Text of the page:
February 29, 2012

Sexual Objects as Artifacts

Culture, History No Comments

Japanese tortoiseshell sex toys on display in the Medicine Man exhibition in the Wellcome Collection

Sir Henry Wellcome was a very successful American-born, British entrepreneur in the pharmaceutical industry. During his lifetime, he was an avid collector of artifacts, in particular those related to medicine. But that’s not all he collected.

From archivist and historian Lesley Hall:

There is something of a perception that Wellcome was a rather undiscriminating collector and that he also acquired a good deal of material of non-medical interest through buying up job lots which dealers had carefully salted with one or two medical items. In fact it turned out that he was specifically acquiring in the area of classical sexually-themed objects and the collection (before it was dispersed) had nearly 1000 of these.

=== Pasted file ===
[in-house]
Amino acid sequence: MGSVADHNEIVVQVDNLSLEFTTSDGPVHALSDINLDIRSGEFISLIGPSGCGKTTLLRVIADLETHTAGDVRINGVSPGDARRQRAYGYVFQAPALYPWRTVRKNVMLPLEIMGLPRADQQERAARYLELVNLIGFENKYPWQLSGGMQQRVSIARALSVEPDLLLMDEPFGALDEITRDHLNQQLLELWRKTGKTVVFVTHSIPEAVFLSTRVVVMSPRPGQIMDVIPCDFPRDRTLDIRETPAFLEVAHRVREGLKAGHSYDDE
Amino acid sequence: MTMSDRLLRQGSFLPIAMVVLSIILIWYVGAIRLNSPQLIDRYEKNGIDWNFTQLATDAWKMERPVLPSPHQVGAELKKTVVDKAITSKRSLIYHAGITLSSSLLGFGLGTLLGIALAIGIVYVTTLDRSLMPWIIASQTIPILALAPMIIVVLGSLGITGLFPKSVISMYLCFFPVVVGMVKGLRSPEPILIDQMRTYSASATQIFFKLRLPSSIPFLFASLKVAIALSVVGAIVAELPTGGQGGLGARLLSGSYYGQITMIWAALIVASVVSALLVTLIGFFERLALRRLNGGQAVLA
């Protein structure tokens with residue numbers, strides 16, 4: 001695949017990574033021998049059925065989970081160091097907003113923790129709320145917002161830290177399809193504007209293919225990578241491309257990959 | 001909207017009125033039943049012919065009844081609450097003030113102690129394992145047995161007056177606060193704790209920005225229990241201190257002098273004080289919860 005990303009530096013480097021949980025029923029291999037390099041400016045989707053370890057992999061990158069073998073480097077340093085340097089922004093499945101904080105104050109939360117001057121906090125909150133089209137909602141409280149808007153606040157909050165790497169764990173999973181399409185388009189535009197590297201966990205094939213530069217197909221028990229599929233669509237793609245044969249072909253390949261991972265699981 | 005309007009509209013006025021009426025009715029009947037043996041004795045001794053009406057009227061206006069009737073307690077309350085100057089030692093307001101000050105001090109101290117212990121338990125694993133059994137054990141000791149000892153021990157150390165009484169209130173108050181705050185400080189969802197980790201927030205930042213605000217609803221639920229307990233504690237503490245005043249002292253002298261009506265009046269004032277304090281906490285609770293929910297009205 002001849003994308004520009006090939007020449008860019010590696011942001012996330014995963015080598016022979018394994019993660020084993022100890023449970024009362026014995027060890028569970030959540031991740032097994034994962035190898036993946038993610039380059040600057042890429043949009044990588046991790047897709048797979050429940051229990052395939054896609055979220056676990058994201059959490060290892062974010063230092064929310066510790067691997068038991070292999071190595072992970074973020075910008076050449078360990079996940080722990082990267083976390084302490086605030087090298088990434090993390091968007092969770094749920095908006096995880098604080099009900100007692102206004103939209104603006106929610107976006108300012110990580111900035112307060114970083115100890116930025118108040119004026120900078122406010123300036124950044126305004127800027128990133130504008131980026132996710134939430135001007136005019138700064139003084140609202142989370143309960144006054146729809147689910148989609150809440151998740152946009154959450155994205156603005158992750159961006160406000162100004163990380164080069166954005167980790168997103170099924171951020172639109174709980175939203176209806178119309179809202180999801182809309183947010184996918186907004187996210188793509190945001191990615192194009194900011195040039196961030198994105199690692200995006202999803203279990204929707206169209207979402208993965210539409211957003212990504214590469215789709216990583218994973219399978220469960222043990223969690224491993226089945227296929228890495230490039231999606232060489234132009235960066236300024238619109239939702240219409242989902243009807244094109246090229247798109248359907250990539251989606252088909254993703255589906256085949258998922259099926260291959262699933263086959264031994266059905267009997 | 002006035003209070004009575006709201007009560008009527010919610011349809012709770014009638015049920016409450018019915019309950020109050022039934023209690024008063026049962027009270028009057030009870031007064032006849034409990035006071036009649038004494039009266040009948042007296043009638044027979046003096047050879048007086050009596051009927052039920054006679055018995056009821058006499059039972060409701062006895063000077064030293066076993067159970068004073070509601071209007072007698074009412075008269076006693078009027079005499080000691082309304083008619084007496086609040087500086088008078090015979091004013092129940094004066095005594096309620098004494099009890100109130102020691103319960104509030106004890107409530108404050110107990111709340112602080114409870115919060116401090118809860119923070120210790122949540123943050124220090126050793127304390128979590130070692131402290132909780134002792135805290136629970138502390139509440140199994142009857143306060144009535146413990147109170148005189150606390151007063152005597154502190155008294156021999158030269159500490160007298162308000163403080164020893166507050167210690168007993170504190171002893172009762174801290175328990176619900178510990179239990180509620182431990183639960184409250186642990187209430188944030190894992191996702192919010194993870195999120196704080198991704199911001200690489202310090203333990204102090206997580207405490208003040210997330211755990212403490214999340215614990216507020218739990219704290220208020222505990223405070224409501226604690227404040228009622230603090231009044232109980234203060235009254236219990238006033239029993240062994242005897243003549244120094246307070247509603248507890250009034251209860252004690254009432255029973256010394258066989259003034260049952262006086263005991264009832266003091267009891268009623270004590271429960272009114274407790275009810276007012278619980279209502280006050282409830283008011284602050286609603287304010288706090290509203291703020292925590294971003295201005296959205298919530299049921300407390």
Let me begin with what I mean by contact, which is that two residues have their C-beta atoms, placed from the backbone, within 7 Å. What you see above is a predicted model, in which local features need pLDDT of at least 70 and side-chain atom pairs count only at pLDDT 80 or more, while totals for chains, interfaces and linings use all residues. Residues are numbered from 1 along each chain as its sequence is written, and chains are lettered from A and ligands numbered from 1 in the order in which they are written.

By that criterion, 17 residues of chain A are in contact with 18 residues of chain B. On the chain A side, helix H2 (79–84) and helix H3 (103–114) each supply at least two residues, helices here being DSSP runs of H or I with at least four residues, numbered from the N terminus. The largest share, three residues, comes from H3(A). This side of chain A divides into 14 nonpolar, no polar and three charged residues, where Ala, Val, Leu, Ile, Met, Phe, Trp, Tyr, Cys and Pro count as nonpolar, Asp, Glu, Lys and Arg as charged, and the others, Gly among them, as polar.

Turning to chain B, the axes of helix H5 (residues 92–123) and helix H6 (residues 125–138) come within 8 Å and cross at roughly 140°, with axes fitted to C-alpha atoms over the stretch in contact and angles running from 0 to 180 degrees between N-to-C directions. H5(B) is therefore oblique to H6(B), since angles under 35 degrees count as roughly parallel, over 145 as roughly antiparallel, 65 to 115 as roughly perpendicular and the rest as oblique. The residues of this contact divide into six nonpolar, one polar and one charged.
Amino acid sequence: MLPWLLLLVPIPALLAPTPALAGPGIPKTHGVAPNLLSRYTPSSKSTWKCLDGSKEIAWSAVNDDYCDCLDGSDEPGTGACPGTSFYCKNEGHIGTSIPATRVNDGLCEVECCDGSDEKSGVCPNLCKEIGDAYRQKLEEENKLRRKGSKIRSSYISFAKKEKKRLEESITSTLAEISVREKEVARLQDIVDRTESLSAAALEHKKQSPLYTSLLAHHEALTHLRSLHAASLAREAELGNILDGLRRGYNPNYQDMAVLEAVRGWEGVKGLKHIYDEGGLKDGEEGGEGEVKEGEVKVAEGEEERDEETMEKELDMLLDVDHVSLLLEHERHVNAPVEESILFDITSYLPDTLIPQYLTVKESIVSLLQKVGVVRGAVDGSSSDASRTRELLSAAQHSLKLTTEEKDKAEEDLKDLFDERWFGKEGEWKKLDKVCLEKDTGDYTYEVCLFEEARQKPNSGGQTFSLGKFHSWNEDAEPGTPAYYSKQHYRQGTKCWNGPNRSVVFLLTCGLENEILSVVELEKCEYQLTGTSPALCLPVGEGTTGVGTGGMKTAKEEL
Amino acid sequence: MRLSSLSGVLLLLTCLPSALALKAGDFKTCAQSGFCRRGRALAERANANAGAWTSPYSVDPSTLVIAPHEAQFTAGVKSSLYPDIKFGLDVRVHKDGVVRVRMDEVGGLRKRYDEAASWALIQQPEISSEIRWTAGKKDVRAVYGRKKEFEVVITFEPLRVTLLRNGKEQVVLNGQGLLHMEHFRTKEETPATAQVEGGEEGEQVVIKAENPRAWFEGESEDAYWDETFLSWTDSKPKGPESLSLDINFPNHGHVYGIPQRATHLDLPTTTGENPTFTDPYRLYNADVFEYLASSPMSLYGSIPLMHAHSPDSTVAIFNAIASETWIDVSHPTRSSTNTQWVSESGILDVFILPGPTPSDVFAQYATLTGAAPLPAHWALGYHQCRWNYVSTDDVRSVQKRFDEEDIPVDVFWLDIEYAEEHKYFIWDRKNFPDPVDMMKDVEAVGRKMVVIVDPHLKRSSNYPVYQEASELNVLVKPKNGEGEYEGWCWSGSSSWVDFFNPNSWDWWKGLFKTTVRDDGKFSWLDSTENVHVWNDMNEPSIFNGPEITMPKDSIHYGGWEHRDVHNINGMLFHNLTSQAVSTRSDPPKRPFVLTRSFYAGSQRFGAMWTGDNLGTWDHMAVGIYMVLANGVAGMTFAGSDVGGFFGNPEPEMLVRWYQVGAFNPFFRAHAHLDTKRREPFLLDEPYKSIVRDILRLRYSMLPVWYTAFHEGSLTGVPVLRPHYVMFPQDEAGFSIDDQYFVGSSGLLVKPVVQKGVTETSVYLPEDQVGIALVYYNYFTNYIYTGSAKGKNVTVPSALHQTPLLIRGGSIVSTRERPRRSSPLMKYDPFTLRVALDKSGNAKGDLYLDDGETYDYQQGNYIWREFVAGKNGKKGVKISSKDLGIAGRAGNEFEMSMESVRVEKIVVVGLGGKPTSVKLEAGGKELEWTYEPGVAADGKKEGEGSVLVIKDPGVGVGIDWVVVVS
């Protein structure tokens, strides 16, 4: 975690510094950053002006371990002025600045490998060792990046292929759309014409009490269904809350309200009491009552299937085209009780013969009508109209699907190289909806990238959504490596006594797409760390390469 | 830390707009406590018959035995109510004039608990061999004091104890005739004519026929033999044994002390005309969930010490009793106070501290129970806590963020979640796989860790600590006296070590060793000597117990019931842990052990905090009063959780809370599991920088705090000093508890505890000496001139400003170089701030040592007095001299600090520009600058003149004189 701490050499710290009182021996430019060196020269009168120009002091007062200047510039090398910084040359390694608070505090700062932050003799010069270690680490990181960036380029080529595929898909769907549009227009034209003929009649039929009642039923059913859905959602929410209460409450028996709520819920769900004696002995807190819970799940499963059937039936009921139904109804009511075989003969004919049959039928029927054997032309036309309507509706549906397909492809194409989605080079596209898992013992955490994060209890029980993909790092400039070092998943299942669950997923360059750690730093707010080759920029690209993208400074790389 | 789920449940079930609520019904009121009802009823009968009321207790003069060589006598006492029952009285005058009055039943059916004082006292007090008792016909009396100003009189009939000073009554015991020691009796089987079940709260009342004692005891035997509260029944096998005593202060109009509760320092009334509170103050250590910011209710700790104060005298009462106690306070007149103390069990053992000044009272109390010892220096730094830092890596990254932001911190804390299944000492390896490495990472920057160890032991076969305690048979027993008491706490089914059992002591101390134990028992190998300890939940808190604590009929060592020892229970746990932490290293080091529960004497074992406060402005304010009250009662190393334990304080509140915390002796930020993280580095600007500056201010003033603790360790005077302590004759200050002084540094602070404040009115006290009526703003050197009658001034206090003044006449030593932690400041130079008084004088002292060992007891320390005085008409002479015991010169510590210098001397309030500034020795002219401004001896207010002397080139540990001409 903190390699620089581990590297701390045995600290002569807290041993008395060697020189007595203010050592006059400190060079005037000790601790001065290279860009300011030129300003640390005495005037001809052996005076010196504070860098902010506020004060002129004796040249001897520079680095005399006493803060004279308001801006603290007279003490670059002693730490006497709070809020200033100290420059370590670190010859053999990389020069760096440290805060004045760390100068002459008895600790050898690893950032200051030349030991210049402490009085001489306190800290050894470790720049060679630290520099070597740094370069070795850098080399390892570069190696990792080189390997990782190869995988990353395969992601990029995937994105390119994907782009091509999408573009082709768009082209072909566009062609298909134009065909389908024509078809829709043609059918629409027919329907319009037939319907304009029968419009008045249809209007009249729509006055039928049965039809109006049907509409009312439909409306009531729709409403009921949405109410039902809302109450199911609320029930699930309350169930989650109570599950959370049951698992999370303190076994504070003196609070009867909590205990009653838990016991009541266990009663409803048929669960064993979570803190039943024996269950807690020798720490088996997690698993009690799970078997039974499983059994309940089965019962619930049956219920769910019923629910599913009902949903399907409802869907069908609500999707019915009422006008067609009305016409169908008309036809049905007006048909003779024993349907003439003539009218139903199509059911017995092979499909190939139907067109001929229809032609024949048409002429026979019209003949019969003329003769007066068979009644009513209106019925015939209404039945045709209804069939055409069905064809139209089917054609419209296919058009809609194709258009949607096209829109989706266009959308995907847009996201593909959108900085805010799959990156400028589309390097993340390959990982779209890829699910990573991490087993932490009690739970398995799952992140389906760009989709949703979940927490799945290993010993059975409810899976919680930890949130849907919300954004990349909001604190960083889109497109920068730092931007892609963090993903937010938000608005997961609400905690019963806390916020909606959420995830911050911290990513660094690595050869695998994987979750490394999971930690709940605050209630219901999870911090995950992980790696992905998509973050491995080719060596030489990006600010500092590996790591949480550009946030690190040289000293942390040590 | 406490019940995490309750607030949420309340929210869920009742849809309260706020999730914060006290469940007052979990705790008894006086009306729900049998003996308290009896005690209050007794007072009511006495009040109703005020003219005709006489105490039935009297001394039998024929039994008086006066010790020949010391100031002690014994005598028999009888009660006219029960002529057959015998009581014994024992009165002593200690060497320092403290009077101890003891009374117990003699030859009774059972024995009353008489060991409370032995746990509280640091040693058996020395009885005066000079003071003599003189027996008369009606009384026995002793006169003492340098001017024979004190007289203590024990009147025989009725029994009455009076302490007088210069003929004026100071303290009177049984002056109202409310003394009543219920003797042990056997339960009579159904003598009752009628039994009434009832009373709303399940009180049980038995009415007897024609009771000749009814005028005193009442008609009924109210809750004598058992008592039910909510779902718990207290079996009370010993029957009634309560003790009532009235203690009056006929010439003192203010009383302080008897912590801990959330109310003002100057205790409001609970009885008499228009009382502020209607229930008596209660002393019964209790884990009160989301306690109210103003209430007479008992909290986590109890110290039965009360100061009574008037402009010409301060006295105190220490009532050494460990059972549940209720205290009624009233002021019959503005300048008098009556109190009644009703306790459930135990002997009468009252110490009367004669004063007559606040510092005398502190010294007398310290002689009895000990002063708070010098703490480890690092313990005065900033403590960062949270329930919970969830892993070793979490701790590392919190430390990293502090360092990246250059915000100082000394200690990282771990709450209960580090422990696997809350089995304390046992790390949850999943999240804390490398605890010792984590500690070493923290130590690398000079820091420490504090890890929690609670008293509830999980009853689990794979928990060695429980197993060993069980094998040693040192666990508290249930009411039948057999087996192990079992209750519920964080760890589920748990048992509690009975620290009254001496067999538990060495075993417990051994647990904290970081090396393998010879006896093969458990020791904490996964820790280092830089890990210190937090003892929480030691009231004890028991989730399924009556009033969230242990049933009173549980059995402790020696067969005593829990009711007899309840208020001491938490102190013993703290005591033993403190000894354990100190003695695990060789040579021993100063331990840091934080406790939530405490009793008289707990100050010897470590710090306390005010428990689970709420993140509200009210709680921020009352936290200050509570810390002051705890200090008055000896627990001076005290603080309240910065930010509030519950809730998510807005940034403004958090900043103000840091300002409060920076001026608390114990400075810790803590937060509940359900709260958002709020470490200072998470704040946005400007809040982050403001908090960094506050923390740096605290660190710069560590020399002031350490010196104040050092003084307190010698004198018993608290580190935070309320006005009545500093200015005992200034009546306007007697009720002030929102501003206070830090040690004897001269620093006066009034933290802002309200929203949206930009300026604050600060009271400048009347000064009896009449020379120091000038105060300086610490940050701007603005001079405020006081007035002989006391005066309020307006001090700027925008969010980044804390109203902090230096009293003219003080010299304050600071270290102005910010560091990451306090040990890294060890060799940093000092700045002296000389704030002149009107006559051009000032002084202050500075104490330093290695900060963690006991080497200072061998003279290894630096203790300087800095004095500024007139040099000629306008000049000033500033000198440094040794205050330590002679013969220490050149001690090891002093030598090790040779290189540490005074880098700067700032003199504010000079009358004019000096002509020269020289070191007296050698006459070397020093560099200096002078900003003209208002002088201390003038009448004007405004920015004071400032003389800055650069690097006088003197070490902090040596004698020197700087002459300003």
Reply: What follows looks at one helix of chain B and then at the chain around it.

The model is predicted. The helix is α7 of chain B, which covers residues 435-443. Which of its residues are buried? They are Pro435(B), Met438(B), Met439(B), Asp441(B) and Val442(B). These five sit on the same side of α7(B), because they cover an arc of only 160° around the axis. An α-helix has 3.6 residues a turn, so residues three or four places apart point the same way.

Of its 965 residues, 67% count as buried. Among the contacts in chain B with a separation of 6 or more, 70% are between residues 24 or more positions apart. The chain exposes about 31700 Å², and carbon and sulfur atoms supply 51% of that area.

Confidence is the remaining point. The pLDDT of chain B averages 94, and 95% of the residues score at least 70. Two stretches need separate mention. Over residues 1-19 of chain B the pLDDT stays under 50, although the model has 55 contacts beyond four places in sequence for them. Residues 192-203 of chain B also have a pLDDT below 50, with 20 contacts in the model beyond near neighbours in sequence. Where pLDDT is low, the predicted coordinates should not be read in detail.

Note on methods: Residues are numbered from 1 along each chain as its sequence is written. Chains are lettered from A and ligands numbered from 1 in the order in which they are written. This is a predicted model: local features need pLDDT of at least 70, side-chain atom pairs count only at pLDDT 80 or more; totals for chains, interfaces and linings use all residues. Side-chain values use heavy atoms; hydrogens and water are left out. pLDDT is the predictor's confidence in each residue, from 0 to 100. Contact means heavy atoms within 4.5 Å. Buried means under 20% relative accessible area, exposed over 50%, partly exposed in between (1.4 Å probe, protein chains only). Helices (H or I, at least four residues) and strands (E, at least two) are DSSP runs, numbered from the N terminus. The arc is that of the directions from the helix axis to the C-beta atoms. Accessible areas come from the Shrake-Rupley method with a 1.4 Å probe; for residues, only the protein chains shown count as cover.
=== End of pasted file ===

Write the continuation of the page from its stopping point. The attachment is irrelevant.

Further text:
At least in the case of the sexual objects of European Classical Antiquity, it appears that he saw these as falling within wider paradigms of medicine and the maintenance of life and health, in particular the (mostly phallic, but some vulval) amulets and votive objects. These were displayed alongside other amulets within the museum context, at a time, intriguingly, when most museums were still segegrating any material of a sexual nature into secret cabinets and closed collections, rather than displaying it alongside related materials of a non-sexual nature with which it might originally have been associated.

Read her whole post for an interesting look at Sir Wellcome’s collection as well as a commentary on the treatment of sexual artifacts of the time.

Header image is from the Wellcome collection and features a box of Japanese tortoiseshell sex toys, which is currently on display in the Medicine Man exhibition in the Wellcome Collection.

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